March 1st, 2018
We are constantly told that we have too much stuff, and even though in the West we are experiencing the highest standard of living in history, we are always on the hunt for more. We may all know too well that feeling of having a wardrobe full of clothes yet never having anything to wear. So where did our love of stuff come from?
Shopping in its inception, introduced the freedom of choice and a way of expressing yourself into the mainstream. Before, way back when, people had next to nothing (apart from the very wealthy), so the few belongings that they did have really mattered. When shopping was introduced to the masses, there was an emancipation from restrictive social and economic norms, so really, materialism started on a positive note. However, with this newfound pastime of shopping, our need for things, our desire to accumulate, keep, have and hold began. But, today, now we’ve got everything that anyone could possibly want, none of it is supposed to matter?
Technically, we don’t really need any of these things, this stuff, in order to survive. We’re all meant to be able live on love, laughter and happiness and to never give a second’s thought to the clothes on our backs or the objects in our homes, as stuff isn’t supposed to matter…but I say sometimes stuff does matter.
Stuff makes life easier, stuff makes life more efficient, and stuff definitely makes life better.
The perfect example of this is technology. Just think, where would we be without our phones (yes, even these incredible inventions count as stuff). They have transformed our lives; changing how we communicate, organise ourselves, document our lives, think and even live.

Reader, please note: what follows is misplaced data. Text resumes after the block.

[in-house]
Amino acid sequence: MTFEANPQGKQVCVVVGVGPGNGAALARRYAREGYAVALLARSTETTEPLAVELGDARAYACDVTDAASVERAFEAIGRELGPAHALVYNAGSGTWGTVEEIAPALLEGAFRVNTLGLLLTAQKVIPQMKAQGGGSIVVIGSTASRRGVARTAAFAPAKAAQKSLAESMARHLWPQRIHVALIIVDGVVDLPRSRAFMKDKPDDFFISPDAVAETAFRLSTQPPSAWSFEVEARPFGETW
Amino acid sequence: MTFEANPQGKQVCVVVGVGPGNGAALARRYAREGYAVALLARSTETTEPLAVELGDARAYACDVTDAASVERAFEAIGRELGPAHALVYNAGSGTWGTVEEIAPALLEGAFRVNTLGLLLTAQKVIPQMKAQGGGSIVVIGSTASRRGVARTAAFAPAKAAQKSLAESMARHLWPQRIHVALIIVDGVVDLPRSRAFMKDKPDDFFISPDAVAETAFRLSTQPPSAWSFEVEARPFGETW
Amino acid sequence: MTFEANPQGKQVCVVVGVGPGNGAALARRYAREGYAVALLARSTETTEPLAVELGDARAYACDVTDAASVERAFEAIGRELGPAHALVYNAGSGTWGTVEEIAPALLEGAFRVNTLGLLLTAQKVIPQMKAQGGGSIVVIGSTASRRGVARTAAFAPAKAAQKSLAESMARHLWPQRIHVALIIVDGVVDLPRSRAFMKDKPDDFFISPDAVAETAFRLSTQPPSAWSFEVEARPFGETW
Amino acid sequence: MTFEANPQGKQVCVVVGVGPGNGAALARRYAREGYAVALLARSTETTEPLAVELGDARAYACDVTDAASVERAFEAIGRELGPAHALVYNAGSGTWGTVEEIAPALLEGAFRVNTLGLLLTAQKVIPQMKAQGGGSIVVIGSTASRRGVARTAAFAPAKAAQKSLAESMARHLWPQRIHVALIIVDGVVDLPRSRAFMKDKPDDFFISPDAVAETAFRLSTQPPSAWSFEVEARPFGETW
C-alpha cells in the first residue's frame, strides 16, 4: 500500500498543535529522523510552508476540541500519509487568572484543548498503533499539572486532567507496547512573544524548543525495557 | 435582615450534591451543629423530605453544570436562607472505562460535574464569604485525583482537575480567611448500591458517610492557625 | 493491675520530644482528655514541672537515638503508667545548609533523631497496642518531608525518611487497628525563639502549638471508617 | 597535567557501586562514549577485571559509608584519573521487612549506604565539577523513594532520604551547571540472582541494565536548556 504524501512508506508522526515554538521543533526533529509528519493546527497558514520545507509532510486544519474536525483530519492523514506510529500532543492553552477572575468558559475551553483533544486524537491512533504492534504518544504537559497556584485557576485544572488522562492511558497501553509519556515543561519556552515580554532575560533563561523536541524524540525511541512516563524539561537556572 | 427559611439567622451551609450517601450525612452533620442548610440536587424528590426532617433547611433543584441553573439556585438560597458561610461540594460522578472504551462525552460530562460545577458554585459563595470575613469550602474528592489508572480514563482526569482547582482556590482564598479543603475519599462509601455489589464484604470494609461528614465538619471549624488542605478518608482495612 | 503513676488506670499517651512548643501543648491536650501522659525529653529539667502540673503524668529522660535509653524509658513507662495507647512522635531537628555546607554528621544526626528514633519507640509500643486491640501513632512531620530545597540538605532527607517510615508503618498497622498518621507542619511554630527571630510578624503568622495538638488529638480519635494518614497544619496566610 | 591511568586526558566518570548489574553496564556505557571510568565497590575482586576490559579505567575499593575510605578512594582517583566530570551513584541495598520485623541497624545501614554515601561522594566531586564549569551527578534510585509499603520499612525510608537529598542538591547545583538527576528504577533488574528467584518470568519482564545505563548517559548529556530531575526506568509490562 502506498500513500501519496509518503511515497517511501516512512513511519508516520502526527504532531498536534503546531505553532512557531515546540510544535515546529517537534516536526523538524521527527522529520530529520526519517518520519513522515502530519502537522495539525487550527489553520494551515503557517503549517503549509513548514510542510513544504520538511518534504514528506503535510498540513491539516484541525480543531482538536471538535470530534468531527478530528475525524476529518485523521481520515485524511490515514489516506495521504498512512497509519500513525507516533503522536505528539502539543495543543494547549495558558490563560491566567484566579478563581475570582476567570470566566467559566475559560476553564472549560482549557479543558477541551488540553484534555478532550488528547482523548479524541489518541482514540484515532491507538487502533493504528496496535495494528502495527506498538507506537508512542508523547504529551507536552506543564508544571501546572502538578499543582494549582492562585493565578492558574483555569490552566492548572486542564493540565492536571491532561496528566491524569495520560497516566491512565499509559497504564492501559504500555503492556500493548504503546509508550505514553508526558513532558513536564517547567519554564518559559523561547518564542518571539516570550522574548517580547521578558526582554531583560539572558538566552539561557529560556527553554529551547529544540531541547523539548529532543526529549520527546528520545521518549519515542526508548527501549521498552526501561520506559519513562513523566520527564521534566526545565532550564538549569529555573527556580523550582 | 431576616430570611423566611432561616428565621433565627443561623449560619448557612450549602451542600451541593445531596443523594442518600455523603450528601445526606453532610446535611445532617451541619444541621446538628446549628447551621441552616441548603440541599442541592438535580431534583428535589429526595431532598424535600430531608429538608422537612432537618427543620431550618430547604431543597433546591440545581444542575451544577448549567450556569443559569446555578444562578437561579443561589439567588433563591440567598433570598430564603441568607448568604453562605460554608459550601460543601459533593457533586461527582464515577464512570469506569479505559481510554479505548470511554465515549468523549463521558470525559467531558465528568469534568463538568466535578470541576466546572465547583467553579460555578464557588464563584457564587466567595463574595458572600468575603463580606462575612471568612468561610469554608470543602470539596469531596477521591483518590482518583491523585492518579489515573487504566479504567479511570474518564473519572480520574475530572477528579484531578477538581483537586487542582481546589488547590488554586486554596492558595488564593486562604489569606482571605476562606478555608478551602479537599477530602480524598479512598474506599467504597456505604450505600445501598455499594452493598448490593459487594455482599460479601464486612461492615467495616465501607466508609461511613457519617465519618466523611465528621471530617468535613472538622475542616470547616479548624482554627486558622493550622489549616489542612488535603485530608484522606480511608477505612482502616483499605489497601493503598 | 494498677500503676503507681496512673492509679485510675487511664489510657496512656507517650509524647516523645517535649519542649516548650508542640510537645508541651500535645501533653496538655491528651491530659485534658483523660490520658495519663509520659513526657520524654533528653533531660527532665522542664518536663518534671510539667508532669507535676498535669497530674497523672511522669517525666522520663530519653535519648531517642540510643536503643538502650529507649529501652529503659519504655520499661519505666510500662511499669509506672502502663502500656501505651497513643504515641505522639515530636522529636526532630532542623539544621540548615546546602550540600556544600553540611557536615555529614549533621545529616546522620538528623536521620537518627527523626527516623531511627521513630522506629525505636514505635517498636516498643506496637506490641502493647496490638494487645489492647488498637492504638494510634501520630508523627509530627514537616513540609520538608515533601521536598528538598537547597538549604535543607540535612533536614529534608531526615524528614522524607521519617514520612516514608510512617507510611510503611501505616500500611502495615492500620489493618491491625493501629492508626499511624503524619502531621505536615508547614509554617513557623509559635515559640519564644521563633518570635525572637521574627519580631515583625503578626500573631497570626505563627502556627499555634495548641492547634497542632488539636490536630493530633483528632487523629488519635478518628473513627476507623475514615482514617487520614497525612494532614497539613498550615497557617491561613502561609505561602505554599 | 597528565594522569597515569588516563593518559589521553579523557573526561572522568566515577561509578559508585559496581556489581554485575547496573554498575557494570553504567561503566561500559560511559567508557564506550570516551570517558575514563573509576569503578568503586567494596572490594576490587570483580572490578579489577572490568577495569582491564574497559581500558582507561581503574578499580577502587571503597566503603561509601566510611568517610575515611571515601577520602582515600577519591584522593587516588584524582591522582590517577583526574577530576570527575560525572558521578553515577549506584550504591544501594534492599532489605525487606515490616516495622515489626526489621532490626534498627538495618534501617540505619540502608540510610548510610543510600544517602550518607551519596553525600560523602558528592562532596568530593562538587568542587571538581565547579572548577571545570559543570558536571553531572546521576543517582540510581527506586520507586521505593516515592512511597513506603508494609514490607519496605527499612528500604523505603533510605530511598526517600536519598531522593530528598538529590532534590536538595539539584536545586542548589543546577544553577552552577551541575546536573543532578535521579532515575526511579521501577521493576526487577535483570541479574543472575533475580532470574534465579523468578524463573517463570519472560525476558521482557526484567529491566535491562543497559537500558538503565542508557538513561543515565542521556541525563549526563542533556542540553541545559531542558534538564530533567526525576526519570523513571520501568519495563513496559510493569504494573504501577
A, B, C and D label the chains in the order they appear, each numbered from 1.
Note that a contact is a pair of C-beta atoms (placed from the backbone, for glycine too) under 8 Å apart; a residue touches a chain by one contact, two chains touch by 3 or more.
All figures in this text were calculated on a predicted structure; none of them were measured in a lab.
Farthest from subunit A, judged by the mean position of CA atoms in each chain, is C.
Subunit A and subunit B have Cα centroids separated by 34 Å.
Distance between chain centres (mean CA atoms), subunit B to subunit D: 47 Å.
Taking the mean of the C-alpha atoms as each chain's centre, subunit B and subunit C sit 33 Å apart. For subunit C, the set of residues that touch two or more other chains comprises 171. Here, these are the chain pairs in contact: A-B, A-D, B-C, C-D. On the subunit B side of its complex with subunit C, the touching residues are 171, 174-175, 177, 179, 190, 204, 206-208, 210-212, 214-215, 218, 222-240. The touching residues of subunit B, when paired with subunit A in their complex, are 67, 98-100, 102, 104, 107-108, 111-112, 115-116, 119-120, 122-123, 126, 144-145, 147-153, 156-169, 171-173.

I am not by any means saying we all need to get online or go out and buy more things, as I think we are all too aware of the effects consumerism has on global warming, but I am saying if we look at some of the things we do have, they are a reflection of ourselves. A reflection of the lives we live, a reflection of our choices and a reflection of the memories that we have made with them.
Stuff does start as just stuff – in a warehouse, on a shelf, in a shop, it doesn’t mean anything. But once we choose it, it becomes someone’s, it becomes yours and it becomes something. It becomes that reflection of ourselves, it becomes the marks we make in the world.
Speaking for us, our possessions can transcend the material. Think of anyone you know, past or present and as well as your memories with them, I bet you think of the clothes they were wearing, the furniture in their house or even the books they were reading. I know with my Nan, I think of Rowntrees fruit pastilles, her horrendously garish (and quite frankly, hideous) red and green carpet, her gold earrings and her ruby ring; and for me, all these things said so much about her.
It’s up to us as marketers and advertisers to sell this to the buyer. It’s up to us to give stuff meaning. It’s not just about making money, it’s about finding that deeper purpose, it’s about finding the heart, and making it beat. We want the stuff that we sell, to be the stuff with meaning.
Yes, often the best things in life do come free, and maybe we do all need to declutter our life a little bit, but before we all send everything to the charity shop or list it on eBay; some stuff does matter. We can’t bottle up a sunset, hold onto laughter or hang on to the smell of your mother’s perfume; but we can keep a shell, a photo and a bottle. These are the memories, stories and reflections of ourselves told in objects and artefacts. These are the moments that make up who we are. These are the things that say stuff does matter.